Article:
Book Review: Peaceful Parents, Happy Siblings
“Kids fighting constantly…more than just bickering! Kicking, hitting, biting and screaming!” -Mom of 2, ages 2 and 4
“Sibling fighting and aggression. When do I intervene and when should I ignore it?” -Mom of 3, ages 2, 4, and 5
These were two of the replies I received when I asked teleclass participants to tell me their #1 parenting struggles.
If you’ve been following this blog for awhile, you know that sibling rivalry is alive and well in my home, too. That’s why I was excited to read the new book by Dr. Laura Markham of AhaParenting.com this past week. I found it helpful and thought it would be worth spending a blog post sharing what I learned. (FYI, I don’t know Dr. Markham personally, and no one asked me to read or write about her books.)
Peaceful Parent, Happy Siblings emphasizes the same core concepts introduced in Dr. Markham’s first book, Peaceful Parent, Happy Kids. These main ideas include regulating our emotions as parents, connecting deeply with each child, and coaching kids rather than controlling them.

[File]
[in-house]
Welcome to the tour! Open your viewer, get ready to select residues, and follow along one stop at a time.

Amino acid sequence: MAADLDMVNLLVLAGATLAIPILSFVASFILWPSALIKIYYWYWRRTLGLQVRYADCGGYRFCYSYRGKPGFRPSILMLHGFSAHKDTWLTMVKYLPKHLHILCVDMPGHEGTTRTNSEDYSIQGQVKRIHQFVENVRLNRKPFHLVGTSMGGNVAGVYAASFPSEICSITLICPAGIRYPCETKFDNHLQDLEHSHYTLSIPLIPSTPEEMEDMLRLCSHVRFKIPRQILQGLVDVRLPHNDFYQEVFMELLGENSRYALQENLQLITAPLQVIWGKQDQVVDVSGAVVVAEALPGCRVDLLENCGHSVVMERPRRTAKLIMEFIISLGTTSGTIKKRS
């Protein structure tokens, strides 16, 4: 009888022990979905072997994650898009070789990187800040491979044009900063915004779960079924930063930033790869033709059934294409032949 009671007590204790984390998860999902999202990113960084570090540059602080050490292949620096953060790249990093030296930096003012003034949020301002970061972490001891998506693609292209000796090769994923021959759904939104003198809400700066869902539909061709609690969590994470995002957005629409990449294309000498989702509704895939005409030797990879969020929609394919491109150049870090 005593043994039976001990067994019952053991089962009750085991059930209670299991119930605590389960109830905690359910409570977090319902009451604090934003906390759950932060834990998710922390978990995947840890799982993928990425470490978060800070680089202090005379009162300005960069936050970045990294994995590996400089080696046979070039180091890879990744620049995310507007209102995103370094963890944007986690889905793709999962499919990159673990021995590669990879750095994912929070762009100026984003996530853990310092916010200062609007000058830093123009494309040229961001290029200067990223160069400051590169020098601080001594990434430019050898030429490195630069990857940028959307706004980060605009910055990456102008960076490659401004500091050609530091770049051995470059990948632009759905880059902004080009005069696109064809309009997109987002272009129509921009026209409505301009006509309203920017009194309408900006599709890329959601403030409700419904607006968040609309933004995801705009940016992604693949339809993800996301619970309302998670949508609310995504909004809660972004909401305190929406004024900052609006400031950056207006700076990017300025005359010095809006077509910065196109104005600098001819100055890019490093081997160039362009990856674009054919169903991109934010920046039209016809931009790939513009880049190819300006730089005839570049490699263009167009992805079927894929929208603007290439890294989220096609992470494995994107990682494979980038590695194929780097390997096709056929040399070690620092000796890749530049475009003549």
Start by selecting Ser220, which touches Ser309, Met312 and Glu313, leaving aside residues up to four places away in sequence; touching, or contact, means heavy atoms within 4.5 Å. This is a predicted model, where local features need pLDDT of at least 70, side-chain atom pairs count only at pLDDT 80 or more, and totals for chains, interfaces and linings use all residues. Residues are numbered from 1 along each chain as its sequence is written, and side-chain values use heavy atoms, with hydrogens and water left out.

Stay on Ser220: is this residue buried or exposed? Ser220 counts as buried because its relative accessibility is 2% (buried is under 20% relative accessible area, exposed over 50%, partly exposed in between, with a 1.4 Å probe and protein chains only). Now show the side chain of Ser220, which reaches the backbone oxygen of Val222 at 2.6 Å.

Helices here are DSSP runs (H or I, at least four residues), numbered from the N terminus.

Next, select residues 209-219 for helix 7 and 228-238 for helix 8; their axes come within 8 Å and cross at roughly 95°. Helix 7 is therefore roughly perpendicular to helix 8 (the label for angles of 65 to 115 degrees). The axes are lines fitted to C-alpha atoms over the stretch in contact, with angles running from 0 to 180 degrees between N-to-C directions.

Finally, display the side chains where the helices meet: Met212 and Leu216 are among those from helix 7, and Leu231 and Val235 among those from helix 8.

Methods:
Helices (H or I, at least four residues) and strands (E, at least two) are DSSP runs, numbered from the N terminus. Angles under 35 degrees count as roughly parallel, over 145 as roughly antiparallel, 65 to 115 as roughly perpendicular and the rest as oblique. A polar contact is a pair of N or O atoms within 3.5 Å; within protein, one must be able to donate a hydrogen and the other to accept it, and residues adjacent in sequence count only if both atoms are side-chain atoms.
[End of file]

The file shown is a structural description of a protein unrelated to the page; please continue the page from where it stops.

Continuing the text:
I felt reassured when I read, “Research shows that if you have a positive relationship with each of your children, they’re much more likely to have a positive relationship with each other.”
But that’s not to say that we can just focus on our interactions with each individual child and ignore the sibling relationship. In fact, Dr. Markham explains that the reason why research shows that siblings fight less without parental intervention is that when parents let kids “work it out on their own,” the majority of quarrels end up with the weaker sibling surrendering to the more powerful one.
However, she also explains that the way in which many parents usually intervene (taking sides, punishing, and taking control of the situation) actually fosters more sibling rivalry.
So what’s the solution?
First, we need to stay calm. As I’ve said many times before, our emotional reactivity only makes situations worse by bringing about the very outcomes we hope to avoid. Dr. Markham explains that parents who remain calm and approach conflict more peacefully have kids who tend to be kinder to one another. Modeling calm problem-solving is the best way to teach it to our kids.